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When I was applying for PhD I was considering Germany, UK, Austria and Switzerland in my search for a position. So far, I found that each university/region has their own policies in application submission process.

For instance, I found that most of the Swiss universities ask for a direct recommendation letter from the recommender and it is not acceptable to submit it as a general one and it is only acceptable if it's sent directly from the recommender's institute email to the target university. In contrast, in Germany where applying now at a higher ranking university than the Swiss one, professors, and universities are more flexible and accepts them as a general one, so no need to be specifically produced for the particular university.

I tried hard to find a place in Swiss universities, but I ended up rejected with no response from my previous professor as it considered time consuming for him, and I don't blame him since general recommendation letter is enough in other universities.

Do universities that ask for such a thing consider them self better than the others and will lead them to better candidates?

The question is, why such universities make it hard for the student who apply for PhD? Is a general recommendation letter (I have 4 letters from different professors) from your previous professors where they indicate positivity about the candidate enough for such a PhD application?

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    @PsySp being a professor with a very busy schedule will not help. Filling up the forms to two/three different swiss universities and then send them will be frustrating. And yes , General one means as you indicated. – Krebto Mar 16 '17 at 14:36
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    I do not sympathize with it. I agree its tedious and borderline boring but if a prof. agreed to provide recommendation letter, that's it, there are no excuses. It's part of the duties. – PsySp Mar 16 '17 at 14:40
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    Your actual question is why Swiss universities require letter too be sent by the recommender, while German ones don't – Ooker Mar 16 '17 at 17:46
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    @PsySp: "But that's the job/duty/responsibility of an academic adviser."; "It's part of the duties." - there have been some other discussions related to this topic elsewhere on this site. It seems that the degree of obligation to write letters of recommendation varies considerably by culture, covering the full spectrum from "definitive duty" to "generous voluntary favour". – O. R. Mapper Mar 16 '17 at 21:32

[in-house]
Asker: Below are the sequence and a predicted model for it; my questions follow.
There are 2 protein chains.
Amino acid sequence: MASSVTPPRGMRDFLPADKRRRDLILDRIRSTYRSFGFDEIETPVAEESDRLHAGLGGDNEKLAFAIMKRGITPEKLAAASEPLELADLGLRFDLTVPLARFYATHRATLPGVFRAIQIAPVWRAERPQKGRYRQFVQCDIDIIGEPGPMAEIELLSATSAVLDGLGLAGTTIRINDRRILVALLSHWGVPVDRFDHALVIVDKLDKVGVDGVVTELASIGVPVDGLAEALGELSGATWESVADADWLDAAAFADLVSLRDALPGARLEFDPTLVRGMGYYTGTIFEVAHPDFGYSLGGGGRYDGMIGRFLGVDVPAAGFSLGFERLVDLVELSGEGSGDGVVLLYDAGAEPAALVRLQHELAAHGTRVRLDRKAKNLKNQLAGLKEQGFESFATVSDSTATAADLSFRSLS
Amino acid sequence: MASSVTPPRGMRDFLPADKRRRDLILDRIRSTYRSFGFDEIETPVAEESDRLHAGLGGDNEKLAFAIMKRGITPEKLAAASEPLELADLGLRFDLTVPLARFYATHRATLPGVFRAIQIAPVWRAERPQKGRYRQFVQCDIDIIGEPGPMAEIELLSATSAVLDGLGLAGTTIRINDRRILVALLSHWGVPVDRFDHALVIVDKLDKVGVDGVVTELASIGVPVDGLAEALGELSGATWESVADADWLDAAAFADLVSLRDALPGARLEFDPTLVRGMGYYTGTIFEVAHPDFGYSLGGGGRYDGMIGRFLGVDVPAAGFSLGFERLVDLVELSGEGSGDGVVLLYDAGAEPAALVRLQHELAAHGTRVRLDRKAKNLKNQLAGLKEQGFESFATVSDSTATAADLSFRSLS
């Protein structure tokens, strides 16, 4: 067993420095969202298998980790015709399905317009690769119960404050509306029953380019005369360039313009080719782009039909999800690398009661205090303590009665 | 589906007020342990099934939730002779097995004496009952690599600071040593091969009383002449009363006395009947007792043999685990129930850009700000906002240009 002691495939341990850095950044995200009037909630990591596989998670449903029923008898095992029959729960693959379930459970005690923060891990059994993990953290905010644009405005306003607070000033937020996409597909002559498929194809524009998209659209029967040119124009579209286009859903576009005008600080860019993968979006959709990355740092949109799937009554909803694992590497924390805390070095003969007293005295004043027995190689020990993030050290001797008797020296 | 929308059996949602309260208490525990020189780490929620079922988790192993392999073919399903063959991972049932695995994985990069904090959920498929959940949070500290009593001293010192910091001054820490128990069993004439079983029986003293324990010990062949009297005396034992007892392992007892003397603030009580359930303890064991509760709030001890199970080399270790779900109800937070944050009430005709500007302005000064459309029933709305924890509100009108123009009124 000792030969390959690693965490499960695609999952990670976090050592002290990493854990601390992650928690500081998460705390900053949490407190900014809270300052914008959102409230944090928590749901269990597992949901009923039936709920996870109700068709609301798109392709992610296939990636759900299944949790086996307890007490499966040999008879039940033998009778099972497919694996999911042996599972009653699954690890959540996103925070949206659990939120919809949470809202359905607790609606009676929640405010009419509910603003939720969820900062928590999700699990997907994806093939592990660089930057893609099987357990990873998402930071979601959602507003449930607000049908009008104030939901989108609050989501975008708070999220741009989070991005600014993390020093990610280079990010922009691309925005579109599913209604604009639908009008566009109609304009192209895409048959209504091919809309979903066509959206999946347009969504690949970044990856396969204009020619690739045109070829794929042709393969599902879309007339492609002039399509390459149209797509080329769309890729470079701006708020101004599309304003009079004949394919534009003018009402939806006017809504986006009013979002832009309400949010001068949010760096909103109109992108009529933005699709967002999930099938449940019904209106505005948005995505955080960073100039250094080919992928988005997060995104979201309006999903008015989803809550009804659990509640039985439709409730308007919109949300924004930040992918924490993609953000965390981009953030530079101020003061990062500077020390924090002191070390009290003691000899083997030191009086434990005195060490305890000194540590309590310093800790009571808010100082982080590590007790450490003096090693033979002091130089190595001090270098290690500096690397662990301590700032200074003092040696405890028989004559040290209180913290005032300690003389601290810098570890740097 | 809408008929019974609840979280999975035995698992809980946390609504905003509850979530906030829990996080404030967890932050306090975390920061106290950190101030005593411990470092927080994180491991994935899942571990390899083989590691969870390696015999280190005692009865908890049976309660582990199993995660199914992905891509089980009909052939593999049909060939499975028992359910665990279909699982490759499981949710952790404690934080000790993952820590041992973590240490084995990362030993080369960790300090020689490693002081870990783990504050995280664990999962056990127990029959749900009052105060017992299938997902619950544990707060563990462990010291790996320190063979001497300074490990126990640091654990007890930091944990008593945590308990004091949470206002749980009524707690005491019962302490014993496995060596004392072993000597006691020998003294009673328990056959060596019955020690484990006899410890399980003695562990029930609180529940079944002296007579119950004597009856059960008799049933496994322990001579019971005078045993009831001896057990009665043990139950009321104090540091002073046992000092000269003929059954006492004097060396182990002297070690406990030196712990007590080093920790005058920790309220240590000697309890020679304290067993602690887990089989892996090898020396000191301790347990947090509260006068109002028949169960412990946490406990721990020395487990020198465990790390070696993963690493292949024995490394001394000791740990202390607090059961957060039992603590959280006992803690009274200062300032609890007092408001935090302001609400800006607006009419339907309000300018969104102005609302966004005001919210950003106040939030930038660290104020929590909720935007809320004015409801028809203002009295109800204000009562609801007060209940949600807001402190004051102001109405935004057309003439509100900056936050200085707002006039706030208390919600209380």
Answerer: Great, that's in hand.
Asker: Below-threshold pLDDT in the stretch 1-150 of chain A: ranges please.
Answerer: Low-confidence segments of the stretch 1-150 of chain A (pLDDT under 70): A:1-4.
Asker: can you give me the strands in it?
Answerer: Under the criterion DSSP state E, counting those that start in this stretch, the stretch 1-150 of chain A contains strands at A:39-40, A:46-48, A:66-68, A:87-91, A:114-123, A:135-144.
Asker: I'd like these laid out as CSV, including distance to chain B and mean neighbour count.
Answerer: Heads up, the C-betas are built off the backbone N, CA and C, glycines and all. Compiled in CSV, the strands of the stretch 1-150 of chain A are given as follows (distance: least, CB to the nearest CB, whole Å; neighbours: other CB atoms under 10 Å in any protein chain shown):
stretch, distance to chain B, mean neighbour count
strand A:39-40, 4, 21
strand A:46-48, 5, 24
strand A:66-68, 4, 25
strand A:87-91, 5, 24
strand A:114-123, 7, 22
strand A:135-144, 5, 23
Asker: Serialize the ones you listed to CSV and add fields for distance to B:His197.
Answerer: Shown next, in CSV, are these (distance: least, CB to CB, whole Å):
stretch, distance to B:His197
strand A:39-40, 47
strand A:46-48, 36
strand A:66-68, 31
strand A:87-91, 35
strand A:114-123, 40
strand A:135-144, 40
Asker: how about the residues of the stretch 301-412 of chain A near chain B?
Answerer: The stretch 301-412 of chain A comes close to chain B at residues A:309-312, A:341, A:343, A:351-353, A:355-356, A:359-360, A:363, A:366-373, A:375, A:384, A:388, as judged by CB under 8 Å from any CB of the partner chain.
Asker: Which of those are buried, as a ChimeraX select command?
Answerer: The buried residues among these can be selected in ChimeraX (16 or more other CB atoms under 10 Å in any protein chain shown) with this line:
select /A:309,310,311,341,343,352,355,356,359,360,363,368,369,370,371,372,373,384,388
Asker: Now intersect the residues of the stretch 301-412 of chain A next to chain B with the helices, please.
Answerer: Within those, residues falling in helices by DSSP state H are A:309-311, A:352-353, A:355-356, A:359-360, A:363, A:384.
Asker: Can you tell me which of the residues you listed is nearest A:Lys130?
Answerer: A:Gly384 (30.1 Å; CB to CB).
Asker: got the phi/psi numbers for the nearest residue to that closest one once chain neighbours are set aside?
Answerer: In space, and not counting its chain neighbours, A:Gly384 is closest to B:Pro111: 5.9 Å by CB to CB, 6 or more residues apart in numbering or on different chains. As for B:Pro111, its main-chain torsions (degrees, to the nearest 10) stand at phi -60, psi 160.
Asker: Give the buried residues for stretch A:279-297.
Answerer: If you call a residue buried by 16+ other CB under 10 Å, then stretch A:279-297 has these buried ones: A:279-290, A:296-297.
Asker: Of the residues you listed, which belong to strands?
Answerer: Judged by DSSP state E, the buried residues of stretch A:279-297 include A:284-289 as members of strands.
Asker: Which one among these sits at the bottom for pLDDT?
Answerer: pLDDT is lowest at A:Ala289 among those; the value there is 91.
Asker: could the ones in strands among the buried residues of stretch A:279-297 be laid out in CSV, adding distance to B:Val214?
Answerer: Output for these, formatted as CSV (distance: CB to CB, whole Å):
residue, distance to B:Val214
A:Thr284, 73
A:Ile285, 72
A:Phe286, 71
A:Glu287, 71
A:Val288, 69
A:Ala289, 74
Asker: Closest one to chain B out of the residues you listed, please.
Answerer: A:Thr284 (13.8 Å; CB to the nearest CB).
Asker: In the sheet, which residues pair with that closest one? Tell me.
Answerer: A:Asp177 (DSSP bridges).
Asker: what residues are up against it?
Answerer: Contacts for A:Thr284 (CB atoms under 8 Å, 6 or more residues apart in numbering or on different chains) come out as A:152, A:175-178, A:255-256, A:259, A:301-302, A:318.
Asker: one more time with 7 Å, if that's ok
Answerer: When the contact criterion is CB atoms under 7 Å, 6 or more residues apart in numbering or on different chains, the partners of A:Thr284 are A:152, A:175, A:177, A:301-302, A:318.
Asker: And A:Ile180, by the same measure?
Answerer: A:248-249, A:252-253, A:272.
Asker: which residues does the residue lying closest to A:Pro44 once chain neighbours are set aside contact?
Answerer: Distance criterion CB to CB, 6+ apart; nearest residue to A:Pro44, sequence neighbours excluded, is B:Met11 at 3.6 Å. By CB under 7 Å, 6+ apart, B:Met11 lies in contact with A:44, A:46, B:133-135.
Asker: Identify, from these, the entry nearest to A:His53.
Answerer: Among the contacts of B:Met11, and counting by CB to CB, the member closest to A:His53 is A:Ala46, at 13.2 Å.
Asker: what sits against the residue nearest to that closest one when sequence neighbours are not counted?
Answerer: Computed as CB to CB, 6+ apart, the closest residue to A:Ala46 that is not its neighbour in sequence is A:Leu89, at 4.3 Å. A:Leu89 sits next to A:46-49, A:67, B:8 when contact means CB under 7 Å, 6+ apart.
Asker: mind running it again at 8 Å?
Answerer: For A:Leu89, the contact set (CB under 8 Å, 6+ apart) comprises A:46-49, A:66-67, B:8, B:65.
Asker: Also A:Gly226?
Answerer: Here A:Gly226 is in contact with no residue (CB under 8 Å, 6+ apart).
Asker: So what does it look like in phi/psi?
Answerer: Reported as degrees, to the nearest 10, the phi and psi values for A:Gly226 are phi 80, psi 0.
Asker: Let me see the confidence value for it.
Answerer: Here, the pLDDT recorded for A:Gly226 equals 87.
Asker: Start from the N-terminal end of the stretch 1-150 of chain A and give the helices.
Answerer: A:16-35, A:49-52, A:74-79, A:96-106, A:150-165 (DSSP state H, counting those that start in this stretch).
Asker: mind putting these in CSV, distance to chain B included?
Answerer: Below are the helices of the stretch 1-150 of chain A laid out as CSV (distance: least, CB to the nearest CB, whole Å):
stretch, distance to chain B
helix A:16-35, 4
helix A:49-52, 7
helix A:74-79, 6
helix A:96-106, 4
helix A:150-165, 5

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    @PsySp: "This is not an unknown practice." - but it is not the only one, not generally the default one in all places, and thus not necessarily the implied one when originally asking for the favour. "promising and not delivering" - nowhere did I suggest that, so that is beside the point. On the contrary, I wrote: "I keep what I initially promised to do" – O. R. Mapper Mar 16 '17 at 22:01
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By forcing the letter to be sent directly from the institutional email of the Professor, the university makes sure it is a truthful recommendation and not a modified or faked one. Such practice of faking documents in unfortunately happening in any recruitment environment, not only academia. Even worse and common practice in academia, my own phd adviser asked me to write my own recommendation letters because he lacked time, and he just signed them. Such practice as described in your message partially prevent this.

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    "Such practice as described in your message partially prevent this": such practice surely don't prevent that". – Massimo Ortolano Mar 16 '17 at 19:44
  • At least you are sure of the identity of the senders, so for sure it prevents the case where people make up previous experiences – Biokick42 Mar 27 '17 at 9:27

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